3:34pm

Fri March 22, 2013
Politics

From Leadership Posts, Women Said To Be Changing Senate Tone

Originally published on Thu March 28, 2013 5:17 pm

Sen. Patty Murray, D-Wash., speaks at a field hearing of the Senate Veterans' Affairs Committee, in Tacoma, Wash., last year.
Ted S. Warren AP

A lot of fanfare followed last November's election, when the number of women in the U.S. Senate surged to 20 — more than ever before.

But quieter victories came after. Female senators now claim an unprecedented number of leadership positions, and for the first time in history, women are at the helm of both the Appropriations and Budget committees — as well as half of the Armed Services subcommittees.

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3:32pm

Fri March 22, 2013
It's All Politics

Republicans Launch Mission To Turn Up Their Digital Game

Originally published on Thu March 28, 2013 5:17 pm

Tweets from GOP supporters scroll along the side of a large-screen display at the Republican National Convention in Tampa, Fla., on Aug. 28, 2012.
Chip Somodevilla Getty Images

The Republican and Democratic parties have been in a digital arms race for years. And this week, Republicans frankly admitted that they are losing.

Now, the GOP has ambitious plans to improve its game.

Monday's report from the Republican National Committee puts it bluntly: "Republicans must catch up on how we utilize technology in our campaigns. The Obama team is several years ahead of everyone else in its technological advantage."

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2:57pm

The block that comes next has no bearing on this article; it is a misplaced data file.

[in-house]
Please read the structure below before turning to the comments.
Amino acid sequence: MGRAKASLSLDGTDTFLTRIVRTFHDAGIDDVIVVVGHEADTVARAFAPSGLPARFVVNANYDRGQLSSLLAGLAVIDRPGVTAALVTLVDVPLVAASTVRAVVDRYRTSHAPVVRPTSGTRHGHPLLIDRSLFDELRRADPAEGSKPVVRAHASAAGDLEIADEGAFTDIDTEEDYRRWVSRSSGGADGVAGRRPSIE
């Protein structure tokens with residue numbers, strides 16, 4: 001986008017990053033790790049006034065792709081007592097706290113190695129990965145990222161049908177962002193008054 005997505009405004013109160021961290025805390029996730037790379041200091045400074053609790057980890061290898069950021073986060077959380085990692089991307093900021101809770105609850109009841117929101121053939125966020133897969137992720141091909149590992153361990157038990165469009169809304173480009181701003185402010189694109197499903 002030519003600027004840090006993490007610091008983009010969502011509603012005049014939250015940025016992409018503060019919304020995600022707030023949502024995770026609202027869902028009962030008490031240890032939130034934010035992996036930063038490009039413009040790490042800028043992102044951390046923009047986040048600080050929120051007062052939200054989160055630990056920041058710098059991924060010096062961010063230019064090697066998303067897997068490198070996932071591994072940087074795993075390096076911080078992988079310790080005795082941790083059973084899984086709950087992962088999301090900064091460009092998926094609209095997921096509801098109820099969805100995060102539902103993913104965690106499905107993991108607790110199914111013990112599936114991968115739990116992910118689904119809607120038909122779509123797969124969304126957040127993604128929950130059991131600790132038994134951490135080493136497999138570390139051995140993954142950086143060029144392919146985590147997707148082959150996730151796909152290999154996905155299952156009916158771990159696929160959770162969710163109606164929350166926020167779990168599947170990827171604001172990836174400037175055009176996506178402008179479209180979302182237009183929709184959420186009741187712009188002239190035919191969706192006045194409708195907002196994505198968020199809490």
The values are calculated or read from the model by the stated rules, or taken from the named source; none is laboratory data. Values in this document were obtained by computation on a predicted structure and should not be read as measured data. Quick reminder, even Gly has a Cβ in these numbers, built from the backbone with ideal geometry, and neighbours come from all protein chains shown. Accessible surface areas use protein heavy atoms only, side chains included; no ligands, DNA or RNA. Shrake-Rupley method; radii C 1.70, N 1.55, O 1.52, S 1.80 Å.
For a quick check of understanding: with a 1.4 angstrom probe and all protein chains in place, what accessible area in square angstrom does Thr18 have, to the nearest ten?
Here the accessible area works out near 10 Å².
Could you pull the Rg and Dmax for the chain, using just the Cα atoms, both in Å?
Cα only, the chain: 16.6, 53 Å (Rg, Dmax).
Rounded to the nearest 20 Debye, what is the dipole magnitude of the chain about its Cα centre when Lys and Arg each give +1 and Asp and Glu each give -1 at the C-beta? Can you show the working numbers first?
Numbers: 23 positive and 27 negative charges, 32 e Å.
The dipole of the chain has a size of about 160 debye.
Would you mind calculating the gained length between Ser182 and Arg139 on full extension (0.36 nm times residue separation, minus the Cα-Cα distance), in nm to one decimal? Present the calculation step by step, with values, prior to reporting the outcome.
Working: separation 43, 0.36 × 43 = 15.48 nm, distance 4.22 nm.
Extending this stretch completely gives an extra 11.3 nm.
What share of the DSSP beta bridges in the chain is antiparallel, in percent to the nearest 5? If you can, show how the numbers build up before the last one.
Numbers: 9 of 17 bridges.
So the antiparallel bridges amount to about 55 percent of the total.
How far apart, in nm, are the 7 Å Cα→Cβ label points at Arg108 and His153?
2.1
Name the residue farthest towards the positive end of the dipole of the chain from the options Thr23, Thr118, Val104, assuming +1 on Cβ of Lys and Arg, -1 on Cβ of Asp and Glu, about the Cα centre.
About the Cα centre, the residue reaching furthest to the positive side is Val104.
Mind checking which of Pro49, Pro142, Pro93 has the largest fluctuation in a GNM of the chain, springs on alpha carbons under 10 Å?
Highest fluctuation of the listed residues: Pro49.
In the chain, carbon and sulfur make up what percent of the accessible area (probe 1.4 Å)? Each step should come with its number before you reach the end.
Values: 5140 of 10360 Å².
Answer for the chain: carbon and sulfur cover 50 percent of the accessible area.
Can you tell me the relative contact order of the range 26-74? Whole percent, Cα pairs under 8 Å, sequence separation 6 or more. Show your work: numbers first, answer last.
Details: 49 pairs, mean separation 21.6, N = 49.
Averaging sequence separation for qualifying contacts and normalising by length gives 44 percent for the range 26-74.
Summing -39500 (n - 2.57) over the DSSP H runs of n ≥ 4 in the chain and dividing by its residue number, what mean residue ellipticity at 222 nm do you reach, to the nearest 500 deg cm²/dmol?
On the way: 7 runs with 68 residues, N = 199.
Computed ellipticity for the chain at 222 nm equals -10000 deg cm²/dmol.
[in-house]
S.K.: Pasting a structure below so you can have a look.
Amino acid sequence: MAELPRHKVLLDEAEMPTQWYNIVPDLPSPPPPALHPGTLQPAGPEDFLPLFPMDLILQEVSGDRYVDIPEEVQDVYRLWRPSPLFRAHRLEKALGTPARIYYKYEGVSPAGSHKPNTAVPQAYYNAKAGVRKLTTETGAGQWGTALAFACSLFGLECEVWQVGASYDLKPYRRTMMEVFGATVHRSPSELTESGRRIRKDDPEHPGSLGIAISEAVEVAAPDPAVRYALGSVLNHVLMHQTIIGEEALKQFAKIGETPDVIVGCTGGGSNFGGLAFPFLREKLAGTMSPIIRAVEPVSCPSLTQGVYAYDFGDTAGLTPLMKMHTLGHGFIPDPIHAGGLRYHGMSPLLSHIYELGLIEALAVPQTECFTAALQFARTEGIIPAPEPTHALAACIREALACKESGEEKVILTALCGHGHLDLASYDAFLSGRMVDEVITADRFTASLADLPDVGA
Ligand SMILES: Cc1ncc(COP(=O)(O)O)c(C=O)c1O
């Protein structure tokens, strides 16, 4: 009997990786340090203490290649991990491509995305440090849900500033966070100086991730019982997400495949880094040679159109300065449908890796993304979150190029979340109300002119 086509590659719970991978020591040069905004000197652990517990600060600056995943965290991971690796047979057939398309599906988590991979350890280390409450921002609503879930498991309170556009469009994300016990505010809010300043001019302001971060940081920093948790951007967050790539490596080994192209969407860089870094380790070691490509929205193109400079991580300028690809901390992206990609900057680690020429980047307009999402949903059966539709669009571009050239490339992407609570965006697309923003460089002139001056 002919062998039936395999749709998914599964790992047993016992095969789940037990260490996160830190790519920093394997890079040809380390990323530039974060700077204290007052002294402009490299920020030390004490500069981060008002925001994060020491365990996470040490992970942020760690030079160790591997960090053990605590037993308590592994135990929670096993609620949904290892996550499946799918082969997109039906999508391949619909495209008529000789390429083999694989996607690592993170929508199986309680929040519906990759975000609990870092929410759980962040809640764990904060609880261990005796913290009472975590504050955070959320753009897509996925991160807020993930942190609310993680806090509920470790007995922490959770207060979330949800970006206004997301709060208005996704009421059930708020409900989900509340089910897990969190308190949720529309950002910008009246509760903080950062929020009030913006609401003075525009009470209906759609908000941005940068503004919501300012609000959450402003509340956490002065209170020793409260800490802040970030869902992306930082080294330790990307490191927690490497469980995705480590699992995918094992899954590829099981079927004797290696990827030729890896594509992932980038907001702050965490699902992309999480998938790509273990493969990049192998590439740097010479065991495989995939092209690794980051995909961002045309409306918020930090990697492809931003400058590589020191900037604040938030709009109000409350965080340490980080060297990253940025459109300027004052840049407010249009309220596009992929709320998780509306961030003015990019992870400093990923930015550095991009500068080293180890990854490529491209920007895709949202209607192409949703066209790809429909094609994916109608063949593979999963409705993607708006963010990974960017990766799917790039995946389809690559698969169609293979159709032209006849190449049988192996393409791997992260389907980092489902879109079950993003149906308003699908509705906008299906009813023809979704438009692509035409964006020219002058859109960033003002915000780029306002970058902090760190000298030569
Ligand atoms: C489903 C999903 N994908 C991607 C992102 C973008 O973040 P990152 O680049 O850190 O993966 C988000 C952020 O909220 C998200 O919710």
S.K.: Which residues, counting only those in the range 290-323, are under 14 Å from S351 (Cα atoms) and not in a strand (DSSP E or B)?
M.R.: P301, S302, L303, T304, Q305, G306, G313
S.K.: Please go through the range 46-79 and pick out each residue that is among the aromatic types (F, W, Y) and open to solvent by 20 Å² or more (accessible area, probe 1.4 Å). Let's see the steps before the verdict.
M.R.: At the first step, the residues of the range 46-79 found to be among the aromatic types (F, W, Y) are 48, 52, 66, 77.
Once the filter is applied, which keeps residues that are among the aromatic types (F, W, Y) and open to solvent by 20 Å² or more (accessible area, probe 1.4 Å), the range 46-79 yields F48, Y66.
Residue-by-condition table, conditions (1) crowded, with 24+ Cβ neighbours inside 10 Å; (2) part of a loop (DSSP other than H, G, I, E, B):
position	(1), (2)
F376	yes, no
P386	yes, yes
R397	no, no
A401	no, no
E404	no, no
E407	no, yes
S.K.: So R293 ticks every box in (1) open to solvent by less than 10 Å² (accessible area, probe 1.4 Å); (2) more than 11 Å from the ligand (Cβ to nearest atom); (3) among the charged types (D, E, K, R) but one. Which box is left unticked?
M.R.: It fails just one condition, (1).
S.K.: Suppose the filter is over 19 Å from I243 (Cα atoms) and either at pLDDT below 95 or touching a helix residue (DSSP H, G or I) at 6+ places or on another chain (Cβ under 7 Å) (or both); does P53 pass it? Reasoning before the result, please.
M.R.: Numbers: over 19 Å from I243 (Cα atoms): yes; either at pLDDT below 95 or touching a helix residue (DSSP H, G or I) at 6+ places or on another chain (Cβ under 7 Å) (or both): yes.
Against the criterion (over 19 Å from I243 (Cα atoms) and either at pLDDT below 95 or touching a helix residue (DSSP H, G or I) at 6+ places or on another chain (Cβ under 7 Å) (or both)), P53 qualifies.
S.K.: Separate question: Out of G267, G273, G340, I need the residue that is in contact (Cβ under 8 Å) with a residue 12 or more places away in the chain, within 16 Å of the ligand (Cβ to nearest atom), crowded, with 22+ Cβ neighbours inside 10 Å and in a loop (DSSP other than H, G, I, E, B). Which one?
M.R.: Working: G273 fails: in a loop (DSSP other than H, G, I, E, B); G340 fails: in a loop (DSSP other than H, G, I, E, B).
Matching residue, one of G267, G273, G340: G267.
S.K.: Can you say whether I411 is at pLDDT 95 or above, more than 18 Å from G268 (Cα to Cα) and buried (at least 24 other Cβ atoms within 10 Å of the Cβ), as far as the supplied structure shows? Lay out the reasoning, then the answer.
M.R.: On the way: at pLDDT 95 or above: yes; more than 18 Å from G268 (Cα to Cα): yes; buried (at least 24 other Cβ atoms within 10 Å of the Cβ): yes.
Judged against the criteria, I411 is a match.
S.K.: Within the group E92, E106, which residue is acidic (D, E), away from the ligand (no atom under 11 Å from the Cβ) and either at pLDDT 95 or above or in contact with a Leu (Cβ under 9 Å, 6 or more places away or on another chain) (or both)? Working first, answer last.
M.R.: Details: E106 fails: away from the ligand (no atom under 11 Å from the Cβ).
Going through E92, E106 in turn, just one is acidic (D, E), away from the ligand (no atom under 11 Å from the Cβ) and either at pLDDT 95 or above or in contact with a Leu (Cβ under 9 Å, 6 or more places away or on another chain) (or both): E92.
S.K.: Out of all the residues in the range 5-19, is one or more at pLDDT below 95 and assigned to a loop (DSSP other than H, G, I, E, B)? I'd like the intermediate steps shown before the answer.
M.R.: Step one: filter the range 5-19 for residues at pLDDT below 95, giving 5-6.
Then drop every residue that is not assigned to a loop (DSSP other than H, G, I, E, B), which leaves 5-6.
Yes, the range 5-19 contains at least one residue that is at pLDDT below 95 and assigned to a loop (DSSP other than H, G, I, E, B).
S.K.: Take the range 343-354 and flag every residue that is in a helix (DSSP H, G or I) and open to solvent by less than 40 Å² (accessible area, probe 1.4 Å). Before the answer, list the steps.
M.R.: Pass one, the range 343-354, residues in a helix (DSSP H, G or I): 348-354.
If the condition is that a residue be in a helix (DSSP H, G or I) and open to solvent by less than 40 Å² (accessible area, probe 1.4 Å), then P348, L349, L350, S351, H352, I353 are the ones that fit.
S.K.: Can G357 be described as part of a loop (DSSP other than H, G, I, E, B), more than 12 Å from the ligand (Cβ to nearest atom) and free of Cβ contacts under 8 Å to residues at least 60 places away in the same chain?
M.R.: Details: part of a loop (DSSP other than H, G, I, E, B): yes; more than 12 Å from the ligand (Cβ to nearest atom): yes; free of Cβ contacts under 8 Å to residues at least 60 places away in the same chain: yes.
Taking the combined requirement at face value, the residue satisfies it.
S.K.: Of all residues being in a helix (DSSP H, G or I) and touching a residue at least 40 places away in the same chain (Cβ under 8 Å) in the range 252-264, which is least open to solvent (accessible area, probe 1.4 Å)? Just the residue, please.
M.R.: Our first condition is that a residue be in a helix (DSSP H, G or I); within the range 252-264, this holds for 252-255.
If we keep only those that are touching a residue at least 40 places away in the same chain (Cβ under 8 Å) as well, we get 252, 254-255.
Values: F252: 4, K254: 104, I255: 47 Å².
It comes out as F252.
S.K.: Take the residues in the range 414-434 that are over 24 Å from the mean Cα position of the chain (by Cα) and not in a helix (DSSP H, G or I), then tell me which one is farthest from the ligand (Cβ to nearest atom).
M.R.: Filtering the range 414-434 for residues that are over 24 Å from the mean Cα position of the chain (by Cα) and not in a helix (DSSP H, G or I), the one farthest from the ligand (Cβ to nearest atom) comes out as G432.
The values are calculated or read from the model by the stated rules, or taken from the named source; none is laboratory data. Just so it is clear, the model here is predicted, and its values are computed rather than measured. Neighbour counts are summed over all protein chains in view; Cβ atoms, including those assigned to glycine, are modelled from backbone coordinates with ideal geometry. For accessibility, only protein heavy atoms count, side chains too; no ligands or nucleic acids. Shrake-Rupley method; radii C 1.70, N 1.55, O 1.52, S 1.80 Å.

Fri March 22, 2013
The Salt

Are Younger Catholics Abandoning Fish On Fridays?

Originally published on Fri March 22, 2013 3:35 pm

A young parishioner carries plates filled with fried fish and potatoes to a table during a Lenten Friday fish fry at St. Frances Cabrini Catholic Church in Littleton, Colo., in 2009.
David Zalubowski AP

It's Friday, and it's Lent. Maybe those of you raised Catholic, as I was, remember tuna noodle casserole, sticks, or the Friday night fish fry?

Seafood consumption typically increases during Lent in the U.S. But Harry Balzer of the survey firm NPD Group says younger Americans are less likely to follow the tradition.

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2:41pm

Fri March 22, 2013
NPR Story

State Laws Govern Gun Purchases Differently Across The Country

Originally published on Thu March 28, 2013 5:17 pm

Transcript

MELISSA BLOCK, HOST:

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2:41pm

Fri March 22, 2013
NPR Story

Letters: Reaction To Gun Series

Originally published on Thu March 28, 2013 5:17 pm

Transcript

MELISSA BLOCK, HOST:

Our Series this week on guns in America have sent many of you to your keyboards. And every day, a new batch of stories sparked conversation and some heated debate at our website. Some listeners complained that our coverage was pro gun control, some that it was pro National Rifle Association.

ROBERT SIEGEL, HOST:

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2:25pm

Fri March 22, 2013
Shots - Health News

Doubts Raised About Cutting Medicare Pay In High-Spending Areas

Whose wallet would get pinched if Medicare payments were cut in areas where service levels run high?
iStockphoto.com